Magnesium on Brain

The neuroprotective effects of Magnesium on Brain have been reported in experimental models of traumatic brain injury, cerebral ischaemia and acute subarachnoid haemorrhage.

Magnesium on Brain reduces infarct volume in various animal models of embolic stroke. The mechanisms by which magnesium protects include the reduction of presynaptic release of glutamate, blockade of NMDA receptors, smooth muscle relaxation, suppression of cortical spreading depression, and improvement of mitochondrial calcium buffering and blockage of calcium entry via voltage-gated channels.

The application of Magnesium on Brain in aneurysmal subarachnoid haemorrhage in 283 patients reduced the risk of delayed cerebral ischaemia by 34% and the risk for poor outcome after 3 months by 23%. Therefore, an international phase III trial is planned to validate these results.

But the human trials of Magnesium on Brain  in stroke have yielded conflicting results; several small pilot trials reporting a favourable outcome and the large multi-centric trial documenting no reduction in the risk of poor outcome.

More recent clinical trials have identified several agents that may soon become part of the routine management of patients with SAH. The endothelin antagonist clazosentan was mentioned earlier in this section.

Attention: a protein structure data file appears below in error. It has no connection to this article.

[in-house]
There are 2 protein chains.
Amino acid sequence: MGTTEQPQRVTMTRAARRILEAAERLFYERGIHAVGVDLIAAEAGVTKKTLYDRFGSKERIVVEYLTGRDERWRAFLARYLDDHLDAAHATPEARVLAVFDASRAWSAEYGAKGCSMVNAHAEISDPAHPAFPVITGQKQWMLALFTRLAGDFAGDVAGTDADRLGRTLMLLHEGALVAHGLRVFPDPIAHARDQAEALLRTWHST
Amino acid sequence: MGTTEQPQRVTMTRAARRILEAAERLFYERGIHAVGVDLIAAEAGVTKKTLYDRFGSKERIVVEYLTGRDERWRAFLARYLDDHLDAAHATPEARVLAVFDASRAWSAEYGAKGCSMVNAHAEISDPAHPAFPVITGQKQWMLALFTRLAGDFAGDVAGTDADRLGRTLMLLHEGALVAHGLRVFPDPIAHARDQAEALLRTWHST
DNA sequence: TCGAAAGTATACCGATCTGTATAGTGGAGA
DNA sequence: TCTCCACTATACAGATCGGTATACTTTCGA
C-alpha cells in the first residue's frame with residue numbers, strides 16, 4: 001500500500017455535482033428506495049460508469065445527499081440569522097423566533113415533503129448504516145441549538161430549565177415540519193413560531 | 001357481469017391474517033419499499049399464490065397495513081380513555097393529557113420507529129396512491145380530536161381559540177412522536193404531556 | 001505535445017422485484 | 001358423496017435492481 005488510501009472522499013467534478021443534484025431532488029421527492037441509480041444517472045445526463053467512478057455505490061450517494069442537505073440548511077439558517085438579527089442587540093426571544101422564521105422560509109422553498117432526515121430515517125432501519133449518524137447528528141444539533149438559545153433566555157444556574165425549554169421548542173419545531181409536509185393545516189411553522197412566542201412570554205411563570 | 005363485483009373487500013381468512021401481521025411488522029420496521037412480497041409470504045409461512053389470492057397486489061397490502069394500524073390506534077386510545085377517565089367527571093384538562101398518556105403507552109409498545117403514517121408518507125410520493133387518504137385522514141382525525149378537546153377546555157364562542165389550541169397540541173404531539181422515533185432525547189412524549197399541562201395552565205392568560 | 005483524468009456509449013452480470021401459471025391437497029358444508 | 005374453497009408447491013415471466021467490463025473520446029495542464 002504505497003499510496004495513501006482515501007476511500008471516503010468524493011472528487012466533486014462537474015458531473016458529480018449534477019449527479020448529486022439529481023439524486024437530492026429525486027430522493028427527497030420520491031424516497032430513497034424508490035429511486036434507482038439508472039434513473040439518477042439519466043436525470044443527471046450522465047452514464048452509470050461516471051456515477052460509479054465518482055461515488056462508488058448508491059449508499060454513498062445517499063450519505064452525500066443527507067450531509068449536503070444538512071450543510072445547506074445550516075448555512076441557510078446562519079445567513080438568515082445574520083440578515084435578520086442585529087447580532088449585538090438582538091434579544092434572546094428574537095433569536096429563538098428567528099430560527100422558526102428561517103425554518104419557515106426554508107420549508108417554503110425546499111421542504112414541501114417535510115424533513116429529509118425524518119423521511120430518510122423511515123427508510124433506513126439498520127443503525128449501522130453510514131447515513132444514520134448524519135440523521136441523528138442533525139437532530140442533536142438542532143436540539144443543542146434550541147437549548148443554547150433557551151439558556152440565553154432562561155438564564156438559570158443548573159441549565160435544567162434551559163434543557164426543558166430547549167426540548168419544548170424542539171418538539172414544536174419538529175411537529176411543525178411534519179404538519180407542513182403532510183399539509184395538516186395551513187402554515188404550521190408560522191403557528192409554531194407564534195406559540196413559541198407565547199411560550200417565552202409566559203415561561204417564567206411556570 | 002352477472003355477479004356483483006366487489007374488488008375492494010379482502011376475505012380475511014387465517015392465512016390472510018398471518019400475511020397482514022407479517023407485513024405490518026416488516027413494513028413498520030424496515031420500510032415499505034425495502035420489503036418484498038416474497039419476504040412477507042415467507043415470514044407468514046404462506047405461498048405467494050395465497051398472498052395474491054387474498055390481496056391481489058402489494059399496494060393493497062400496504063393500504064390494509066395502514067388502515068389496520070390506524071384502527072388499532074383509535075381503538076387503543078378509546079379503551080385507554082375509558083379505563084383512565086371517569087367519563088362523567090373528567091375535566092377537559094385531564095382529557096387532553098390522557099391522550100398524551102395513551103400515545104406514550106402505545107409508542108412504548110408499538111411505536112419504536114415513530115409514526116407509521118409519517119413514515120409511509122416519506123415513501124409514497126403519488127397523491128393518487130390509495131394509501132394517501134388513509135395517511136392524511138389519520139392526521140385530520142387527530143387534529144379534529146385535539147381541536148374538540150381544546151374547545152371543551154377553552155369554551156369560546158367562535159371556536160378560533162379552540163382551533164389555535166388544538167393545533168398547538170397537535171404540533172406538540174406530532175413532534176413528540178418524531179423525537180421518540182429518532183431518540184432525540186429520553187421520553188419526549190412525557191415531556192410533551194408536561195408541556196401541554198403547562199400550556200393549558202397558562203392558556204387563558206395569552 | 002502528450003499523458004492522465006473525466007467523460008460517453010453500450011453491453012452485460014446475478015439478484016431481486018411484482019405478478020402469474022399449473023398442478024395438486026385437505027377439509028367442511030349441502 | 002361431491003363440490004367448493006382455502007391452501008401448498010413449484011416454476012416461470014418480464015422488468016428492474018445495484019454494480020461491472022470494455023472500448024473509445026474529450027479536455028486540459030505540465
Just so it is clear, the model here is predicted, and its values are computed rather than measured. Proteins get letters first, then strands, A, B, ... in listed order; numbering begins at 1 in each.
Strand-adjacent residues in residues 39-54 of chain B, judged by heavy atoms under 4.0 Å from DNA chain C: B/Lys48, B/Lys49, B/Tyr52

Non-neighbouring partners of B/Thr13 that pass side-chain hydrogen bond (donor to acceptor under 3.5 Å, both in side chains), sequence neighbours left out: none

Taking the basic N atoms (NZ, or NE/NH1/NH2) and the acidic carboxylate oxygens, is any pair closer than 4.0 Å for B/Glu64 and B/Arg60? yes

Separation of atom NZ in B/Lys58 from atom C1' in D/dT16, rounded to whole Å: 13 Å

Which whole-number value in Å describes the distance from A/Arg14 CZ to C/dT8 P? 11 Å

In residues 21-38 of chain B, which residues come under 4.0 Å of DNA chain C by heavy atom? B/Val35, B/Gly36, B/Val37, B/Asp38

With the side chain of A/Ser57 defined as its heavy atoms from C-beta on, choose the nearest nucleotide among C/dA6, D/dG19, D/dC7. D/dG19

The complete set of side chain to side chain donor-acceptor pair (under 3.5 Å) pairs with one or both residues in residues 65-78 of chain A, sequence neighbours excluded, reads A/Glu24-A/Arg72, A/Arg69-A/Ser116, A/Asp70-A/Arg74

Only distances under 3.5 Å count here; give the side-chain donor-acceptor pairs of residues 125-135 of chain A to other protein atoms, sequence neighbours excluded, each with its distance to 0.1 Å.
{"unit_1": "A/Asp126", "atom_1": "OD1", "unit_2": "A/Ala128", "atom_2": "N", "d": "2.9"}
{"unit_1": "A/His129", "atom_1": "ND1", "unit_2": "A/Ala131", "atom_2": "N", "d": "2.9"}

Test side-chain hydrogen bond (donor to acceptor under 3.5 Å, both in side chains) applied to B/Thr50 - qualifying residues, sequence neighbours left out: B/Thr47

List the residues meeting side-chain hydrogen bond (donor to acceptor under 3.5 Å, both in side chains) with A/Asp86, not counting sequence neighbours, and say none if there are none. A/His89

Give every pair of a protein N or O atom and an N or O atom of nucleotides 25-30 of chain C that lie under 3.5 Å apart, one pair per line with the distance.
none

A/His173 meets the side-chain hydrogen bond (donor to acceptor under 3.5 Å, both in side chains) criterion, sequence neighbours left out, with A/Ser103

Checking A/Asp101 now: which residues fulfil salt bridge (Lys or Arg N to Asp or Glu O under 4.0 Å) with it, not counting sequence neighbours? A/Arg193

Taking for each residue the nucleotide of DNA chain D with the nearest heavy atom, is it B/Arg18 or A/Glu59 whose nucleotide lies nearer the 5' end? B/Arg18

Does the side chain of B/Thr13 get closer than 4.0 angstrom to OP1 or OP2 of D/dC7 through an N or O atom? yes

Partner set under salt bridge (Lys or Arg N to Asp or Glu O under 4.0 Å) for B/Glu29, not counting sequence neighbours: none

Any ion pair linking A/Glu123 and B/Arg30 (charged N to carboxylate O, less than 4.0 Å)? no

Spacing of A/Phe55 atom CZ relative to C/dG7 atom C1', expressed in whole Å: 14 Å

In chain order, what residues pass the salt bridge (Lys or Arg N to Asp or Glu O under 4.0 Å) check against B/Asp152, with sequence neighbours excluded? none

A randomized, blinded, placebo-controlled trial reported fewer new ischemic deficits and improved outcome among patients who received magnesium sulfate starting within 4 days of SAH. Two phase II trials have examined the post-SAH administration of statins. T

ogether, these trials showed reductions in vasospasm, delayed ischemic deficits, and improvement in outcome.  Although some centers have already implemented some of these therapies as part of the local routine, widespread adoption is not likely until the completion of larger trials that confirm these initial results.

References:

Lynch JR, Wang H, McGirt MJ, et al: Simvastatin reduces vasospasm after aneurysmal subarachnoid hemorrhage: results of a pilot randomized clinical trial.  Stroke  2005; 36:2024-2026.

Roos Y, Rinkel G, Vermeulen M, et al: Antifibrinolytic therapy for aneurysmal subarachnoid hemorrhage.  Stroke  2003; 34:2308-2309.

 

 

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